The line separating good and evil passes not through states, nor between classes, nor between political parties either — but right through every human heart — and through all human hearts. This line shifts. Inside us, it oscillates with the years. And even within hearts overwhelmed by evil, one small bridgehead of good is retained. And even in the best of hearts, there remains … an un-uprooted small corner of evil.(5)
Mainly one learns this only in the crucible of life. It’s a truth rarely revealed in movies. In films those who do evil tend to be evil. The evil is imbedded in their DNA. They had a pathological twist before they were born. The only cure for such pure evil is death. Thus killing evil people is an act of a virtue — something one might call the Gospel According to John Wayne. Killing evil people is what we think heroes do. Seeing how merciless such people have been, we are tempted to think that they deserve no mercy and can never change for the better. In fact we behave toward them in a way that makes our dire expectations all the more likely to be fulfilled.
A great problem of thinking along such lines — imagining we know a person we know only through clippings or movies and resolutely refusing to search for God’s image in him — is that we exclude ourselves from walking on the road to Emmaus.
Being a pilgrim is not a naive undertaking. There are, we all know, strangers who are dangerous people. But should our fear of violence lead us to avoid all strangers? Should our fear of death lead us to live cautiously?
But pilgrims walking pilgrim routes have always known that they might die on the way, like countless thousands of pilgrims before them. There are many graves along the roads leading to Jerusalem and Santiago de Compostela. Statistically, unexpected death along the way may be less likely for the modern pilgrim than it was in earlier times, but still accidents happen, grave sicknesses occur, and there are even occasional act of violence and murder.
The pilgrim’s attitude traditionally has been: “Sooner or later I will die. If it happens while on pilgrimage, what better way to cross life’s final border? Why be afraid?”
Pilgrimage is not getting from point A to point B on the map while counting the miles. The distances covered are incidental. What matters is being on the road to Emmaus — the road of discovering Christ in the Other.
Pilgrimage was, and still is, the great adventure of becoming unblinded. We discover it is impossible not to be in the presence of God. God is with us all the time, only sadly most of the time we don’t notice. It’s not that we are technically blind. We may be able to read the small print in an insurance contract without glasses, and yet there is so much we don’t yet see that we live in a darkness that is worse than physical sightlessness. It is a condition not caused by damage to the body but by deeply rooted fears, the imprisonment of self-absorption, and ideological obsessions.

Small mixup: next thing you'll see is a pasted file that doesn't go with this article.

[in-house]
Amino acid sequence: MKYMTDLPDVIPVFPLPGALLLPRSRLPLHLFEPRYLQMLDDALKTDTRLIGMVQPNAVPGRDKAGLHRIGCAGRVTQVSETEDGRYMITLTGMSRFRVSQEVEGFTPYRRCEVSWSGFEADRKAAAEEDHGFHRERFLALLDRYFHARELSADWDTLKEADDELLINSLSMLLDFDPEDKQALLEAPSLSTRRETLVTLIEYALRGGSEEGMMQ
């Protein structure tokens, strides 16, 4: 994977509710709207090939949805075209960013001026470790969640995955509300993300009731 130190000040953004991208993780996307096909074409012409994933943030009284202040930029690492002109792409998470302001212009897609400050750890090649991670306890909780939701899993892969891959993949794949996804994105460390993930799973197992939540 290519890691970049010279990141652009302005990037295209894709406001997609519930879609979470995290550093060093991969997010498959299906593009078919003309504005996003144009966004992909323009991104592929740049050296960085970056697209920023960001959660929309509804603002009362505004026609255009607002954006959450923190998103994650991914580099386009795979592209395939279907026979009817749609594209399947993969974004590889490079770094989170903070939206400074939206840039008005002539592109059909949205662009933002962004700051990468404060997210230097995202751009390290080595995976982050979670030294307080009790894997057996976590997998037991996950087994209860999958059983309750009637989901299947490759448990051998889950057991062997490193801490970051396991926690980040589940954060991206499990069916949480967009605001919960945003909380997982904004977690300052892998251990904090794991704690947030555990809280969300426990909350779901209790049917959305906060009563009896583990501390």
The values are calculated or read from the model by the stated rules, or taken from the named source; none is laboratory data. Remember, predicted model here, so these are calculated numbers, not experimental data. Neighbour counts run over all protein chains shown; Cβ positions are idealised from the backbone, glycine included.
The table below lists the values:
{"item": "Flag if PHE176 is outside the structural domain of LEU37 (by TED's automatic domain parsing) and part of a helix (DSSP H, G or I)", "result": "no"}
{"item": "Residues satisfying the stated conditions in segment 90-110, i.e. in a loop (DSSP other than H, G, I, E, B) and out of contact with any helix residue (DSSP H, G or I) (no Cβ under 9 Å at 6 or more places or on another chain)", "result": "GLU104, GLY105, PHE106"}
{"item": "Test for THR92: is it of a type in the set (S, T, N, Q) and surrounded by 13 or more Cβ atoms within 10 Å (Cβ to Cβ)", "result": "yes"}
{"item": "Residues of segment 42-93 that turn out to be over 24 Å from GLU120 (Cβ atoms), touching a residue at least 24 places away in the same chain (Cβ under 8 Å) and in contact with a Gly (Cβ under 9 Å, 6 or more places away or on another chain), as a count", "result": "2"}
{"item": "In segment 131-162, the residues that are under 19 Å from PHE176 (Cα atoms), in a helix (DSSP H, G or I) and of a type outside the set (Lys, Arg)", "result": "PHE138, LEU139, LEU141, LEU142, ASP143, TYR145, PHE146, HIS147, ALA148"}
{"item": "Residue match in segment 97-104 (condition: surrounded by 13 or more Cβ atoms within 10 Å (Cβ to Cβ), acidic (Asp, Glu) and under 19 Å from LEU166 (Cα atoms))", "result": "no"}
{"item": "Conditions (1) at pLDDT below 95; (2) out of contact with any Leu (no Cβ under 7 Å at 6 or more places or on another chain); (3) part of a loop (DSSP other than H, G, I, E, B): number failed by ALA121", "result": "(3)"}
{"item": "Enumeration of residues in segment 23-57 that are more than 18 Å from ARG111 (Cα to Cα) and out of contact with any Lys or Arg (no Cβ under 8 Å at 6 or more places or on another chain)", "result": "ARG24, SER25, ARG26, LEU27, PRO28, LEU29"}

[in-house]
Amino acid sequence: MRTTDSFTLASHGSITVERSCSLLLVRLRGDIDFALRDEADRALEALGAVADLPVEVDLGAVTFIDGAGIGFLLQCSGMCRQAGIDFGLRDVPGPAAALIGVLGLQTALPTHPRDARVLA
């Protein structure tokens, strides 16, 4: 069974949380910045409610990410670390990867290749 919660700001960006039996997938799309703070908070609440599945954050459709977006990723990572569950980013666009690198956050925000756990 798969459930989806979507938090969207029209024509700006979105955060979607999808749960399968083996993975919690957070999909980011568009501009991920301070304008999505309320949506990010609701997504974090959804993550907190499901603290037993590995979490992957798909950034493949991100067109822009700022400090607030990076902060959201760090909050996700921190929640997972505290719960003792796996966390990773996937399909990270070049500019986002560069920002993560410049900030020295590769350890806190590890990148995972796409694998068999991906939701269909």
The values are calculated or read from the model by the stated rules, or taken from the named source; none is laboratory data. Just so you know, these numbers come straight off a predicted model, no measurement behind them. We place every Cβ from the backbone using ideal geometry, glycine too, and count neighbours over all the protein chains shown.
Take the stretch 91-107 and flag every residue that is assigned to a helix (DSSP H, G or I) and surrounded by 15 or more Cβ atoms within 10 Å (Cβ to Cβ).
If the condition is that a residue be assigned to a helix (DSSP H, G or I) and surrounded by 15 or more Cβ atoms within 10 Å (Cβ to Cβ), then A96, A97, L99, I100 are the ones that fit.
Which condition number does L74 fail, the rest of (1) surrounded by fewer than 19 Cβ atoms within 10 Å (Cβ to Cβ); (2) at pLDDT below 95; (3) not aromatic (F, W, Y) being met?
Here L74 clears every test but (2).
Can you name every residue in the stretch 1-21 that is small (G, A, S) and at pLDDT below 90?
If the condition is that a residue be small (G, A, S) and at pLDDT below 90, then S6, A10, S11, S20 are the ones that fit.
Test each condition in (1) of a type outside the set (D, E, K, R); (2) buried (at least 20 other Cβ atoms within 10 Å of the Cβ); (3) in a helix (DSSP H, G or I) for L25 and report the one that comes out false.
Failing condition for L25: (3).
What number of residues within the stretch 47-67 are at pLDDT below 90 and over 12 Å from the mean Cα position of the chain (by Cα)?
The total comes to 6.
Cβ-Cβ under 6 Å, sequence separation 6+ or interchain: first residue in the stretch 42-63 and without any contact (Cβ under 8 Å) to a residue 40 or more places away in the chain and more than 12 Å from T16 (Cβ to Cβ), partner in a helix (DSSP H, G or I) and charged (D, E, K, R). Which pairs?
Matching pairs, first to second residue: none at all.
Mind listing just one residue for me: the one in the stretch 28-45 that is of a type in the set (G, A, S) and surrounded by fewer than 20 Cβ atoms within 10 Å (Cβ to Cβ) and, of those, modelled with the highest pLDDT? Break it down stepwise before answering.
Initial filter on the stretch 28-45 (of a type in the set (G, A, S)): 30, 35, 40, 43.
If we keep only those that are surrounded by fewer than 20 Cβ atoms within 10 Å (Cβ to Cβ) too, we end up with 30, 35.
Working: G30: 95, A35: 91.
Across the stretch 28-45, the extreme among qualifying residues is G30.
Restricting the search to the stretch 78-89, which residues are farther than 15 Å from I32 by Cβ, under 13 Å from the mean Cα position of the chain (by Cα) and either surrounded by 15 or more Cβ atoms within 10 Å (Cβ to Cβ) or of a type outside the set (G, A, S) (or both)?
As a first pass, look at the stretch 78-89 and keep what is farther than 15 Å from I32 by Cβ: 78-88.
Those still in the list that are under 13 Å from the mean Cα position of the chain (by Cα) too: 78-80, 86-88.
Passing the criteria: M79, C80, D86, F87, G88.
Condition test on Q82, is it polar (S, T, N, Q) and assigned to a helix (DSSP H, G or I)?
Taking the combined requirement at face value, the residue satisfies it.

Pilgrimage is so much more than going to one of the thin places where great miracles have happened or where some event in the life of Jesus occurred. The more important journey is the one we make while still at home. It can be to the pilgrimage to the front door of your house, opening it with a real welcome. It can be the pilgrimage to the kitchen sink, finding in chores like dish-washing an opportunity for prayer and meditation — as a Buddhist monk once told me, “Wash each dish as if it were the baby Jesus.” Daily pilgrimage involves choosing to see an unexpected and seemingly untimely event not as an irritating interruption but as a potential moment of grace. It can be your caring response to a beggar. It can be the journey to forgiveness in a situation in which forgiveness seemed impossible. It can be the difficult decision to take part in some act of public witness whose objective is to save lives, whether in war or by abortion or in an execution chamber. It might involve the creation of a Christ Room — a room of hospitality — in your own home, or helping found a house of hospitality in the town or city where you live. So many things are possible. It’s all pilgrimage.
Walking the road to Emmaus as a Christian on permanent pilgrimage is the great journey into discovering ourselves in Christ’s company with eyes wide open, a state of being that is described in a Celtic prayer attributed to St. Patrick:
Christ with me, Christ before me, Christ behind me,
Christ in me, Christ beneath me, Christ above me,
Christ on my right, Christ on my left,
Christ when I lie down, Christ when I sit down, Christ when I arise, Christ in the heart of everyone who thinks of me,
Christ in the mouth of every one who speaks of me,
Christ in every eye that sees me,
Christ in every ear that hears me.
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1. Benedicta Ward, The Sayings of the Desert Fathers: The Alphabetical Collection; London: Mowbrays; Kalamazoo: Cistercian Publications; see Anthony 9.
2. John Zizioulas, “Communion and Otherness,” Orthodox Peace Fellowship Occasional Paper nr. 19, Summer 1994; web: http://www.incommunion.org/2012/07/23/communion-and-otherness-2/
3. Note that Butler’s Lives of the Saints was first published in the 18th century and has been repeatedly revised in later years. I am quoting from the four-volume 1963 edition as edited and revised by Herbert Thornton and Donald Attwater; the entry about St Martin is on the web at: http://www.ewtn.com/library/mary/stmartin.htm
4. “The Second Gospel Commandment” in Mother Maria Skobtsova: Essential Writings, edited by Hélène Arjakovsky-Klépinine, translated from the Russian by Richard Pevear and Larissa Volokhonsky; Maryknoll: Orbis Books.
5. Alexander Solzhenitsyn, The Gulag Archipelago, vol. 2, “The Ascent;” translation by Thomas P. Whitney.